These issues are inextricably linked to the concept of sustainability, which by now determines every aspect of our daily life, from the choices of the individual to the definition of company practices and tools. Even "politics" promotes sustainability through laws and regulations aimed at mitigating social and environmental criticalities. But it is above all the new generation of investors who want a tangible return on investment in terms of Welfare for the environment and for the society whole.
This is the context in which a new type of sustainable investment is inserted characterized by a deep correlation with the 17 SDGs which, as is now widely known, contain 169 sub-objectives including the fight against poverty and inequality, the improvement of health and education and the fight against climate change. In identifying the SDGs, the United Nations quantified the investments required to achieve them, underlining the role fundamental of investments private. Given the importance of these objectives and their high impact on the financial sector, it is therefore entirely consequent that a new type of sustainable investment is being developed.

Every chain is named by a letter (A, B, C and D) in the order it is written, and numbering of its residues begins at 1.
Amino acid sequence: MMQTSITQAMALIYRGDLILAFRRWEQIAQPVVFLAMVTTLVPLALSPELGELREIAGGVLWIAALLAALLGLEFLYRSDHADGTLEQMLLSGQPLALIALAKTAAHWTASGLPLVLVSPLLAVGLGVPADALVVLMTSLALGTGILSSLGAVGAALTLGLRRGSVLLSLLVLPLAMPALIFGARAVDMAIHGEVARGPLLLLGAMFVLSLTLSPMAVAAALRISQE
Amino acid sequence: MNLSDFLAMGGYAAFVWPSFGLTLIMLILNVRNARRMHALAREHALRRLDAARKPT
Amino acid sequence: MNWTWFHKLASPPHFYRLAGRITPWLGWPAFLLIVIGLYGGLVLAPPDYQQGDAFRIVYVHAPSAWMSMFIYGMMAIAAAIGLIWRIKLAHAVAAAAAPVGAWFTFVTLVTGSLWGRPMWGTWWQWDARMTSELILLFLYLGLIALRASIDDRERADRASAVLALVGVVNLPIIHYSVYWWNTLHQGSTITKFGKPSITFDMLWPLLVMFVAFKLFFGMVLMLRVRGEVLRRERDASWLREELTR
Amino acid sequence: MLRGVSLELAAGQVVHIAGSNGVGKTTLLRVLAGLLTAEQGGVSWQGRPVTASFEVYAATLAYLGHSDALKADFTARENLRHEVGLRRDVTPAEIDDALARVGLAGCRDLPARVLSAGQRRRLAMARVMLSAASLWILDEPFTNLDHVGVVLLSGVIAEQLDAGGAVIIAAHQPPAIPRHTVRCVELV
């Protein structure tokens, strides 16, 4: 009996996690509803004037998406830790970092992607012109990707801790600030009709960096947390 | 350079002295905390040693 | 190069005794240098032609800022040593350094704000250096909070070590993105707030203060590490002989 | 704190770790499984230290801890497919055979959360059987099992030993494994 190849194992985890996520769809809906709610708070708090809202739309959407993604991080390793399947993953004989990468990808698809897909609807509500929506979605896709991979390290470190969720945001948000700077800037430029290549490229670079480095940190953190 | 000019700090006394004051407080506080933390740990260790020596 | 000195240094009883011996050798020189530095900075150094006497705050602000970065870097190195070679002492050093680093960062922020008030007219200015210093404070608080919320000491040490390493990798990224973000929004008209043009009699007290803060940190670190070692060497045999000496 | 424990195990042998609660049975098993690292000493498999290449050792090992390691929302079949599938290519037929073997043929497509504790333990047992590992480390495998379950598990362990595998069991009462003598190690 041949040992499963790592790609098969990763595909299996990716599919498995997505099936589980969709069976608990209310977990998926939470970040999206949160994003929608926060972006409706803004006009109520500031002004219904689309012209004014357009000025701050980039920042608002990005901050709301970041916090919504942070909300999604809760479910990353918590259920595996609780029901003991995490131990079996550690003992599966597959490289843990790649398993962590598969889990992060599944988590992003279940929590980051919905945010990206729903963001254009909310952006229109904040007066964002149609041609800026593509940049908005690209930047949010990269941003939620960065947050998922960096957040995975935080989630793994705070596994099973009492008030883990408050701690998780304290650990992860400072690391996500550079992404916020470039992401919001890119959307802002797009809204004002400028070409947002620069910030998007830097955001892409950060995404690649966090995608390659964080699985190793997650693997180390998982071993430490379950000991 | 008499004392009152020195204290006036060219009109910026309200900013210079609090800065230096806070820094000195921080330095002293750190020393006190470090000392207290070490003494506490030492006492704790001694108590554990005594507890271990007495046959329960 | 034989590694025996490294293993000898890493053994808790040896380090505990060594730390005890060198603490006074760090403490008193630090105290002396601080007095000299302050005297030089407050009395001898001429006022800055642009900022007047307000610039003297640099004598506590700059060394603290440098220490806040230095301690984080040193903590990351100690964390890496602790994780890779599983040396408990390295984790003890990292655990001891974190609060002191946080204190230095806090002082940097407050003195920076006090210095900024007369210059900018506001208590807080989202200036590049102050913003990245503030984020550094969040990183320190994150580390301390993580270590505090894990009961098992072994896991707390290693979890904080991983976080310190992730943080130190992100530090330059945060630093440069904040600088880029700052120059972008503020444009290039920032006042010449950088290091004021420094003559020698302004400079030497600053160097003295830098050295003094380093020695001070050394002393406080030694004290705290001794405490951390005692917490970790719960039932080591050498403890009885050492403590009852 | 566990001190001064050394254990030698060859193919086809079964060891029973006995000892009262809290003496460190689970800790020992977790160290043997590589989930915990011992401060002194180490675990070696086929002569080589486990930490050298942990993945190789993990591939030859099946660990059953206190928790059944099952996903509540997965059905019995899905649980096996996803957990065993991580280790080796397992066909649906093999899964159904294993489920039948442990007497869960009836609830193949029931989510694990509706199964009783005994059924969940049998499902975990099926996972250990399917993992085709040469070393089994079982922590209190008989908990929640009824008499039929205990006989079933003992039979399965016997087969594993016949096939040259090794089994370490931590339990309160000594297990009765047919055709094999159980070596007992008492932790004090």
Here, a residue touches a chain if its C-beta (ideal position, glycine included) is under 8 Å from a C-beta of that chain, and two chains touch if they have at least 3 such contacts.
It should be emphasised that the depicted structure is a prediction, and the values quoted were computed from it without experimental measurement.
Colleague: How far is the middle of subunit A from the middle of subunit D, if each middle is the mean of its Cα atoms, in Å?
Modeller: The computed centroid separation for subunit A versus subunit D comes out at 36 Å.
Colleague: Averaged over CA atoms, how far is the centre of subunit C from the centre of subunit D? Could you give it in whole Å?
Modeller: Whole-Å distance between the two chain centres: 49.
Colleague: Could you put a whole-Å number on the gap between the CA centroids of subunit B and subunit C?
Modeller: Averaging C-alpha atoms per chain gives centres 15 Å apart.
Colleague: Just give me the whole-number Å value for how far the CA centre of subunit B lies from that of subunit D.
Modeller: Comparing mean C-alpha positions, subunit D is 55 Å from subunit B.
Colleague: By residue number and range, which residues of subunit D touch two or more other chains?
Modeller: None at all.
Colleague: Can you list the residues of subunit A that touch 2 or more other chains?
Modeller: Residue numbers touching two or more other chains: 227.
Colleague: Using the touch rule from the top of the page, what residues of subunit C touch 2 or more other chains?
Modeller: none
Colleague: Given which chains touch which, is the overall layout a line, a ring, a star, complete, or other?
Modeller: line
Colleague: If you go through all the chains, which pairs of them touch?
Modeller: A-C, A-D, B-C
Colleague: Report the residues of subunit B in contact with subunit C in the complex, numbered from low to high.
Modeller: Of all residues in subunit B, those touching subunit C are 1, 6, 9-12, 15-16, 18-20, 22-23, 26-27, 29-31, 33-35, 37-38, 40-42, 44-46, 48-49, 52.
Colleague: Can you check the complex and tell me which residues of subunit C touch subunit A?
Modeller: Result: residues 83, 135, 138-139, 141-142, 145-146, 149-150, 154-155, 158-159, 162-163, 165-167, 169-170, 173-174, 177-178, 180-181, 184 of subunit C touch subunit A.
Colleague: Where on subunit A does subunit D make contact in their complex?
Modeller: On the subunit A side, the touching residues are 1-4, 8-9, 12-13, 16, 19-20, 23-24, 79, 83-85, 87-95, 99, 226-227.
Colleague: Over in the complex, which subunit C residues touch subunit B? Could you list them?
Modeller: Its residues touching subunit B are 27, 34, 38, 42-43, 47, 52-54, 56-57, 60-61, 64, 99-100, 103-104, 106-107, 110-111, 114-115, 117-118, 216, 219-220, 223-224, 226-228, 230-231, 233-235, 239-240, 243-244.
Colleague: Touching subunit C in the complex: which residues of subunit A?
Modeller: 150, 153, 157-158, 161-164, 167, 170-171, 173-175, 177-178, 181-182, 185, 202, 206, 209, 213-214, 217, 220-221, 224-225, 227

The new guidelines
The development of these sustainable investments is based on a thematic approach: the selection process identifies companies capable of achieving certain results in specific areas characterized by a deep link with one or more SDG objectives. This allows you to invest in specific and concrete issues aimed at improving society and the environment, such as, for example, renewable energy or solutions for food safety. Each selected company follows a well-defined path to achieve its business objectives, even if the size of the contribution in terms of sustainability is often difficult to quantify. That's why you need a capillary qualitative research process, examining the candidate companies and considering their social and environmental contribution based on the reference SDG objectives. An assessment that in the end must be the result of a constant dialogue between analysts at a global level, attentive to ESG criteria, i.e. those that measure the performance of the environment, society and process governance (Environment, Social, Governance).
The growing attention to sustainability on a global scale will favor likely companies that directly support the SDGs; the latter represent, among other things, an excellent starting investment solution for the development of ESG strategies. There are an increasing number of financial institutions, but also insurance companies that classify companies based on the extent to which they participate in the achievement of the reference SDG objectives, including in the portfolio only those with the highest scores and excluding a priori companies with poorly performing procedures in terms of sustainability.